By Onozure Dania
LAGOS—A Senior Advocate of Nigeria Rickey Tarfa, SAN, standing trial over alleged bribery , attempt to pervert justice and age falsification, yesterday told a Lagos High Court sitting at Igbosere that he had no case to answer.
The Economic and Financial Crimes Commission, EFCC, had on October 23 closed his case after calling up six witnesses who testified against Rickey Tarfa, which began in March 2016.
At the last adjourned date, counsel to EFCC, Mr Rotimi Oyedepo, had told the court that the prosecution had no more witnesses to call in the case.
Responding to Oyedepo, Tarfa’s counsel, Mr Jelili Owonikoko, SAN, had sought an adjournment to enable the defence to analyse its case and decide on the step to take. Consequently, Justice Adedayo Akintoye adjourned until November 16 to hear from the defence.
At the resumed hearing of the case yesterday, the counsel to Tarfa, Mr Owonikoko SAN , told the court that he had filed a no case submission.
He said “At the last adjourned date the prosecution closed their case, upon the view of the prosecution,our response in this case is a no case submission that will suffice this case. “
Owonikoko said “on November 9, 2017, we filed an application that the defendant has no case to answer. “I urge your lordship to discharge the defendant on the view that there is no case to answer”
He stated that the application was supported with an affidavit and a written address which had been served the prosecution.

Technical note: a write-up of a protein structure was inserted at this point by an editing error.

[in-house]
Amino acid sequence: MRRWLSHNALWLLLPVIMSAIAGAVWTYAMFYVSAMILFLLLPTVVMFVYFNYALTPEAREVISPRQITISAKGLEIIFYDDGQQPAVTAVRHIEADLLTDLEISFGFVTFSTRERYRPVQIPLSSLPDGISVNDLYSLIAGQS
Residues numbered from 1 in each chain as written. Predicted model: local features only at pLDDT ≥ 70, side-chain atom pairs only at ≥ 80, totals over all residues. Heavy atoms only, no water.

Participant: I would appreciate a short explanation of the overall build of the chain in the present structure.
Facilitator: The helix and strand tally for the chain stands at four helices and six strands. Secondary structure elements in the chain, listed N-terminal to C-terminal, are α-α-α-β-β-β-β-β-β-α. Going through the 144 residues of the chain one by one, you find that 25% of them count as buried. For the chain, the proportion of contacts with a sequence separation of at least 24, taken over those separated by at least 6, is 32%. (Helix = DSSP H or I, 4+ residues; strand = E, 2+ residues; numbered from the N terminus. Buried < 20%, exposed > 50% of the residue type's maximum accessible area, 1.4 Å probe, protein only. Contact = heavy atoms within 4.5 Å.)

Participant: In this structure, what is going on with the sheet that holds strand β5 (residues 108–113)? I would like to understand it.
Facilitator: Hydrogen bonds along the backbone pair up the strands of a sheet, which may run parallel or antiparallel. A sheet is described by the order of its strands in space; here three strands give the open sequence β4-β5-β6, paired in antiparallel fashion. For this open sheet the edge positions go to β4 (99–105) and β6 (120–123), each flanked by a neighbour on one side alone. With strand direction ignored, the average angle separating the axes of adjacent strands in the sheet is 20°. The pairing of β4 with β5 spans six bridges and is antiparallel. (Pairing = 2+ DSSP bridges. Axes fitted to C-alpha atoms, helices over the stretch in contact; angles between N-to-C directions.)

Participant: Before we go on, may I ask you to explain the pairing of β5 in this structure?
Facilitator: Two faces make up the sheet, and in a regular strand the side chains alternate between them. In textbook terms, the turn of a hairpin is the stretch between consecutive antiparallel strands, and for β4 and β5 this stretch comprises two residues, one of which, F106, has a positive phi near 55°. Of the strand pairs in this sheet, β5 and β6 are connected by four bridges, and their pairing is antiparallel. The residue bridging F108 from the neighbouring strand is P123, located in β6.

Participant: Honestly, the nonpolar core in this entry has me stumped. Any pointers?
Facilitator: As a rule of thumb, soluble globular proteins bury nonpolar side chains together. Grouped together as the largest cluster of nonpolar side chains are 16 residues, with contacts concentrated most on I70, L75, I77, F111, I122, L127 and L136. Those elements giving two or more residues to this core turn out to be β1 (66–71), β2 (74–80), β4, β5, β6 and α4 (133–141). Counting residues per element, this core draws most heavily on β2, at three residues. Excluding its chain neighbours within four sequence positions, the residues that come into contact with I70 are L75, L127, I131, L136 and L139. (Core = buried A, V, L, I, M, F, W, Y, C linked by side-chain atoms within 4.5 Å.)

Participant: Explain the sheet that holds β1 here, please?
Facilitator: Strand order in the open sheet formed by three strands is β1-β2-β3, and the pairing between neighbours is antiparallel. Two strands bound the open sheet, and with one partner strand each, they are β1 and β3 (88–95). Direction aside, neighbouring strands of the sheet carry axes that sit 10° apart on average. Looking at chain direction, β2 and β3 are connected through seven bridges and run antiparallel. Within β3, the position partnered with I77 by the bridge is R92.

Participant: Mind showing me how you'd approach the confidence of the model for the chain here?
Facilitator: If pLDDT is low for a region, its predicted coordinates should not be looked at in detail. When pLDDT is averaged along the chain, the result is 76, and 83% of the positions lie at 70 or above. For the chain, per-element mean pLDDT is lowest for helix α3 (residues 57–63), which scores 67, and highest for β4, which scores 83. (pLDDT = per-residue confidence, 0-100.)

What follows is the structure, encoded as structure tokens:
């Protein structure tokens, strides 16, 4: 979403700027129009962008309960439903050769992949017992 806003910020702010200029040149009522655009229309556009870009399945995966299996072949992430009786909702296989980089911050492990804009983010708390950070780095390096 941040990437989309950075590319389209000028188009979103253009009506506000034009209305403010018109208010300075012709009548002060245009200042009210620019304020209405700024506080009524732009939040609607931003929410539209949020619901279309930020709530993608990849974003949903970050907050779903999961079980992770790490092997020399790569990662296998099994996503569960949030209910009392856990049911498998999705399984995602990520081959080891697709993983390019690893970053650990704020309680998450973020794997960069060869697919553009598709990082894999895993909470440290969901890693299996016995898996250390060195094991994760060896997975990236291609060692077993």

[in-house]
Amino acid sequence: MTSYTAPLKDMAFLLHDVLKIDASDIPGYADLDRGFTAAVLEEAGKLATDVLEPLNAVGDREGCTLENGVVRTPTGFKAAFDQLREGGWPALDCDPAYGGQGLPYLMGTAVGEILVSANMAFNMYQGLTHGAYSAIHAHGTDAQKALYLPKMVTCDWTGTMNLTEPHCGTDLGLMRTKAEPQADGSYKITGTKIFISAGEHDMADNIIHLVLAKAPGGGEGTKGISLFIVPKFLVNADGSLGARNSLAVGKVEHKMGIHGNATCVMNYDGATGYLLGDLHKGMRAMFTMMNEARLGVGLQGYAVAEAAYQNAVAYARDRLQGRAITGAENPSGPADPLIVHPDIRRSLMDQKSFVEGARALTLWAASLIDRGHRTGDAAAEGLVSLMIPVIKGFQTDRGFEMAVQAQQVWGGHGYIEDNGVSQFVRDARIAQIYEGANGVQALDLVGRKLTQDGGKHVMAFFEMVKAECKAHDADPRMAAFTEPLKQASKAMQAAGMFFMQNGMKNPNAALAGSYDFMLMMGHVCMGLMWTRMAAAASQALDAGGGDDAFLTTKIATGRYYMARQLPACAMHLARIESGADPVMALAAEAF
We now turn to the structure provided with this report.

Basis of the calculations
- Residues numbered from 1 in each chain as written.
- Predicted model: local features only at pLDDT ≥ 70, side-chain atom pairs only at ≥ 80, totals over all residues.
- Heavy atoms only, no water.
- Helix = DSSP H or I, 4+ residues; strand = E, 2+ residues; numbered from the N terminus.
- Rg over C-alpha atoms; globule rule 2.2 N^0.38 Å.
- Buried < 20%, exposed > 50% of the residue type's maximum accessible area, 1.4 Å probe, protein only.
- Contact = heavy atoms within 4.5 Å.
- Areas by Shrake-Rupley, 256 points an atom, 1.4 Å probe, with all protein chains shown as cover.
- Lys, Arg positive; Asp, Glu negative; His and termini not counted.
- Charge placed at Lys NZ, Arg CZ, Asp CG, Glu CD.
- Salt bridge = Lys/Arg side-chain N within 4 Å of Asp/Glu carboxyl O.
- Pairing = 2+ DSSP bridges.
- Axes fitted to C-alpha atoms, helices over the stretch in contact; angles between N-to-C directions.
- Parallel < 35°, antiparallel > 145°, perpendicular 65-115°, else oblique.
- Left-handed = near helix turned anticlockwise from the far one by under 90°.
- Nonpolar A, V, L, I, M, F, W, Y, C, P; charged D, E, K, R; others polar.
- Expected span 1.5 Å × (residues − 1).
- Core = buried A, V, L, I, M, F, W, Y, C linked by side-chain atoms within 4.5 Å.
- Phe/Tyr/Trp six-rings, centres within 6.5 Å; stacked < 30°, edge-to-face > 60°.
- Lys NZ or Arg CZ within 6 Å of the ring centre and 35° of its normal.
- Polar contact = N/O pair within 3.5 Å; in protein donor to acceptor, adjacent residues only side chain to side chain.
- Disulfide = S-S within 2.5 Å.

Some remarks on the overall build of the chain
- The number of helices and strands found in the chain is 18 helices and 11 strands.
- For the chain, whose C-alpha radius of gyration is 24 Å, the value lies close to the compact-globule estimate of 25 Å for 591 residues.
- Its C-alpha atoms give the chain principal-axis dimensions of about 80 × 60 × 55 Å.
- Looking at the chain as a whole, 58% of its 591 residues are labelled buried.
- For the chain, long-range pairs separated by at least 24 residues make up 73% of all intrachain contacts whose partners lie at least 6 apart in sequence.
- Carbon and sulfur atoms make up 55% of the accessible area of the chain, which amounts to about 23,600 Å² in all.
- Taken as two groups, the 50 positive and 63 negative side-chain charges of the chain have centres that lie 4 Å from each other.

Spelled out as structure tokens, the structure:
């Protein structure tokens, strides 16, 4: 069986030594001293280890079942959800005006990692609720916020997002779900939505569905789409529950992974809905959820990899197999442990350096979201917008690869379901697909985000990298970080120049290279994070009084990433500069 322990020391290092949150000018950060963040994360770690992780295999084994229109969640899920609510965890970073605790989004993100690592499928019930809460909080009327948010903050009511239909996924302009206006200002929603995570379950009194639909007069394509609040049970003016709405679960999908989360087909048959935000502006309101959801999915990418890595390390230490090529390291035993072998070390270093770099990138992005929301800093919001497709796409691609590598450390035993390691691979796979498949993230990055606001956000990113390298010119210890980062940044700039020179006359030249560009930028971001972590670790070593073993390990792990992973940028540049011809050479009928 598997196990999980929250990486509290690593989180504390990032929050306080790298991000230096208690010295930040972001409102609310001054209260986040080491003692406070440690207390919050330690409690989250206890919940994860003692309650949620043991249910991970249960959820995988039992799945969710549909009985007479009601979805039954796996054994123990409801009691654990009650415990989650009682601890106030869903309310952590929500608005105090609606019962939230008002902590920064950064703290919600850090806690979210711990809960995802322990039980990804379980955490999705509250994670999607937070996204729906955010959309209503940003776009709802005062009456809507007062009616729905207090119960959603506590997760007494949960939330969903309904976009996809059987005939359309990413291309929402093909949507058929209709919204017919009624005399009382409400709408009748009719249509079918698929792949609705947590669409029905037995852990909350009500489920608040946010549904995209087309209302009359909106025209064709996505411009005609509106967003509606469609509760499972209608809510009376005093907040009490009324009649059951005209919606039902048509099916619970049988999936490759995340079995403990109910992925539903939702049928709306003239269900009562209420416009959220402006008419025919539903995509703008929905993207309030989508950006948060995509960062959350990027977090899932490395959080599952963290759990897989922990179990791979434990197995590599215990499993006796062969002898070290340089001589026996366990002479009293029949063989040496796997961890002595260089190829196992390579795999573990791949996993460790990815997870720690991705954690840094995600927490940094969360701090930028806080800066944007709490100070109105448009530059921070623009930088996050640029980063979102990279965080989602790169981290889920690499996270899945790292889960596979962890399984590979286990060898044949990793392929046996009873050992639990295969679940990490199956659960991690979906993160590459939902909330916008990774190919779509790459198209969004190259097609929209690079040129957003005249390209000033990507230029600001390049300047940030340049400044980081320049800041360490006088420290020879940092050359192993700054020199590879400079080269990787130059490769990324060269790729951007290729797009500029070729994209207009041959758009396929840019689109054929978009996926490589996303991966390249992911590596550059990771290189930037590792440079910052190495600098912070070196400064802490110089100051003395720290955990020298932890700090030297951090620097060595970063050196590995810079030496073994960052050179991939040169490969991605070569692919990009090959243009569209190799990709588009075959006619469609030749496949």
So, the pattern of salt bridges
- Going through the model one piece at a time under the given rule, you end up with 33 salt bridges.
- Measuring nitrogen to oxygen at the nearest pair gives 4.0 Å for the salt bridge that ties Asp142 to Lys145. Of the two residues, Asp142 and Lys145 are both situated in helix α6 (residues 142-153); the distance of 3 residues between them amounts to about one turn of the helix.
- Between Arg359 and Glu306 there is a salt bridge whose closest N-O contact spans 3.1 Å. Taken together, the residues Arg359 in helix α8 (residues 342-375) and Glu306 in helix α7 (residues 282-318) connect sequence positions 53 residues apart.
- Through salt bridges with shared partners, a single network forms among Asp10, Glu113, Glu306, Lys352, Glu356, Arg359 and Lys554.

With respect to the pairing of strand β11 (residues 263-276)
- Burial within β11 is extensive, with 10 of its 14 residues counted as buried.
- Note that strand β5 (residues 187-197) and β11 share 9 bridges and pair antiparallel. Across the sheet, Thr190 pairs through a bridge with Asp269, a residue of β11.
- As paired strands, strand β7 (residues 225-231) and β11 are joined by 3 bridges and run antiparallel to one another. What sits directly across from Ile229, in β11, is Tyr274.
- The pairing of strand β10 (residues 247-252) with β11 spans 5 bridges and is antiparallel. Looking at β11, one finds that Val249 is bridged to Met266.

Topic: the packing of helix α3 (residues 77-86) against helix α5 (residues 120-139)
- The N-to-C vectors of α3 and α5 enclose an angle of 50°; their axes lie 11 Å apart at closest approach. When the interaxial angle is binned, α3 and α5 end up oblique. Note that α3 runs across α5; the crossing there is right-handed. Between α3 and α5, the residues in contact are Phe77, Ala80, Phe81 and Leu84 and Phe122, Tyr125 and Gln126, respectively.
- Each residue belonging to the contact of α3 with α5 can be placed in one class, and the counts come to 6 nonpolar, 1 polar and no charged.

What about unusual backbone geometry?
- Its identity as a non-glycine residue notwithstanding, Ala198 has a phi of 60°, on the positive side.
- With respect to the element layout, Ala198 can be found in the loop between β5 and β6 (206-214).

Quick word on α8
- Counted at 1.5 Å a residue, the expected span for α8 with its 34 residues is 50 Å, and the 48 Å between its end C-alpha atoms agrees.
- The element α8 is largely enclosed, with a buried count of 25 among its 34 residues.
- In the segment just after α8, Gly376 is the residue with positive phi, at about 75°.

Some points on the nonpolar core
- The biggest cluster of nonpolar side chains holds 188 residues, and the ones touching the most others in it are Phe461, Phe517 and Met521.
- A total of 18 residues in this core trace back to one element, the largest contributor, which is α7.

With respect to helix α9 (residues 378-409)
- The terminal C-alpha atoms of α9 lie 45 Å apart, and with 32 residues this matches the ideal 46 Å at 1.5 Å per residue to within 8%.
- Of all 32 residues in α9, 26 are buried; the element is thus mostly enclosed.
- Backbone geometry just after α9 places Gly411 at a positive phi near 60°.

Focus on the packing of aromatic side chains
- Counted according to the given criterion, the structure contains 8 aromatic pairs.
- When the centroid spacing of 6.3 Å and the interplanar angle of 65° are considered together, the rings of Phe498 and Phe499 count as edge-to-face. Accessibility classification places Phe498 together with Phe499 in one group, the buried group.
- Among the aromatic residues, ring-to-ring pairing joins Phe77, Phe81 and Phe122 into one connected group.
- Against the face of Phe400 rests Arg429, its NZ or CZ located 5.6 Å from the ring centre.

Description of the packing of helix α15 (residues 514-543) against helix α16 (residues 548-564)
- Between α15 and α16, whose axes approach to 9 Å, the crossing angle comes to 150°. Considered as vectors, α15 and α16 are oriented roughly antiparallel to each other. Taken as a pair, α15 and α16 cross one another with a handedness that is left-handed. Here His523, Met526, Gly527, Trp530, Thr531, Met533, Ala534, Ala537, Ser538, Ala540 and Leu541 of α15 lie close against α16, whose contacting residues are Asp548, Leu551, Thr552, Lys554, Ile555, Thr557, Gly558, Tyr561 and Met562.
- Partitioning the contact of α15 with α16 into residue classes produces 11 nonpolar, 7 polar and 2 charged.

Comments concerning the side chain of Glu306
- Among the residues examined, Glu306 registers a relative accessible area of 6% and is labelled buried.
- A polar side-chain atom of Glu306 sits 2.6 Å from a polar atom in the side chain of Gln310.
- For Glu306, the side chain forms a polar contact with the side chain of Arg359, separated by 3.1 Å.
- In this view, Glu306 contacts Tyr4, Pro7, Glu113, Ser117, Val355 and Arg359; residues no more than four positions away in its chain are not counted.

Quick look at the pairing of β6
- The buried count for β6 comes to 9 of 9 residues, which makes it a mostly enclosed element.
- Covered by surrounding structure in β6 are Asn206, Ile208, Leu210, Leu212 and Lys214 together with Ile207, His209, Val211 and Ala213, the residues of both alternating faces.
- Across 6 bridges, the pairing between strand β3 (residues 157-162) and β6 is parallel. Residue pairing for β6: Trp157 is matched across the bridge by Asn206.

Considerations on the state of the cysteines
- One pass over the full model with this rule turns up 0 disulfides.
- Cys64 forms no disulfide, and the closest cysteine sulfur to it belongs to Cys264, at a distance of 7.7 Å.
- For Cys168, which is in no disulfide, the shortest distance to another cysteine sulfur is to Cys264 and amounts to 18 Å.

In his response the EFCC prosecutor, Mr Nnemeka Omewa, confirmed the service of the no case submission on them but that they are yet to file a reply.
Omewa said “ We were served late last Friday with a 54 paragraphs of a no case submission, we are still going through them and we have not been able to respond to the no case submission, we shall be asking for a short date to enable us respond.”
However, Justice Adedayo Akintoye, adjourned to December 12, 2017, for hearing of the application.
The EFCC had first arraigned Tarfa on March 9, 2016 on a 27-count charge bordering on offering of gratification to some judges and perversion of the course of justice.
The anti-graft agency alleged, for instance, that Tarfa offered N5.3 million gratification to a judge of the Federal High Court, Justice Hyeladzira Nganjiwa, to ‘compromise’ the judge.
The agency also claimed that Tarfa transferred the money in several tranches to the judge between June 27, 2012 and December 23, 2014.
The commission further alleged that the SAN lied about his age and failed to declare his assets to the commission upon his arrest on February 5, 2015.
The offences contravened Section 64 (1) of the Criminal Law of Lagos State, 2011.
But Tarfa pleaded not guilty on all the counts. He, subsequently, sought to quash the charges on the argument that they were incompetent, but Justice Akintoye dismissed his application which made Tarfa to go on appeal.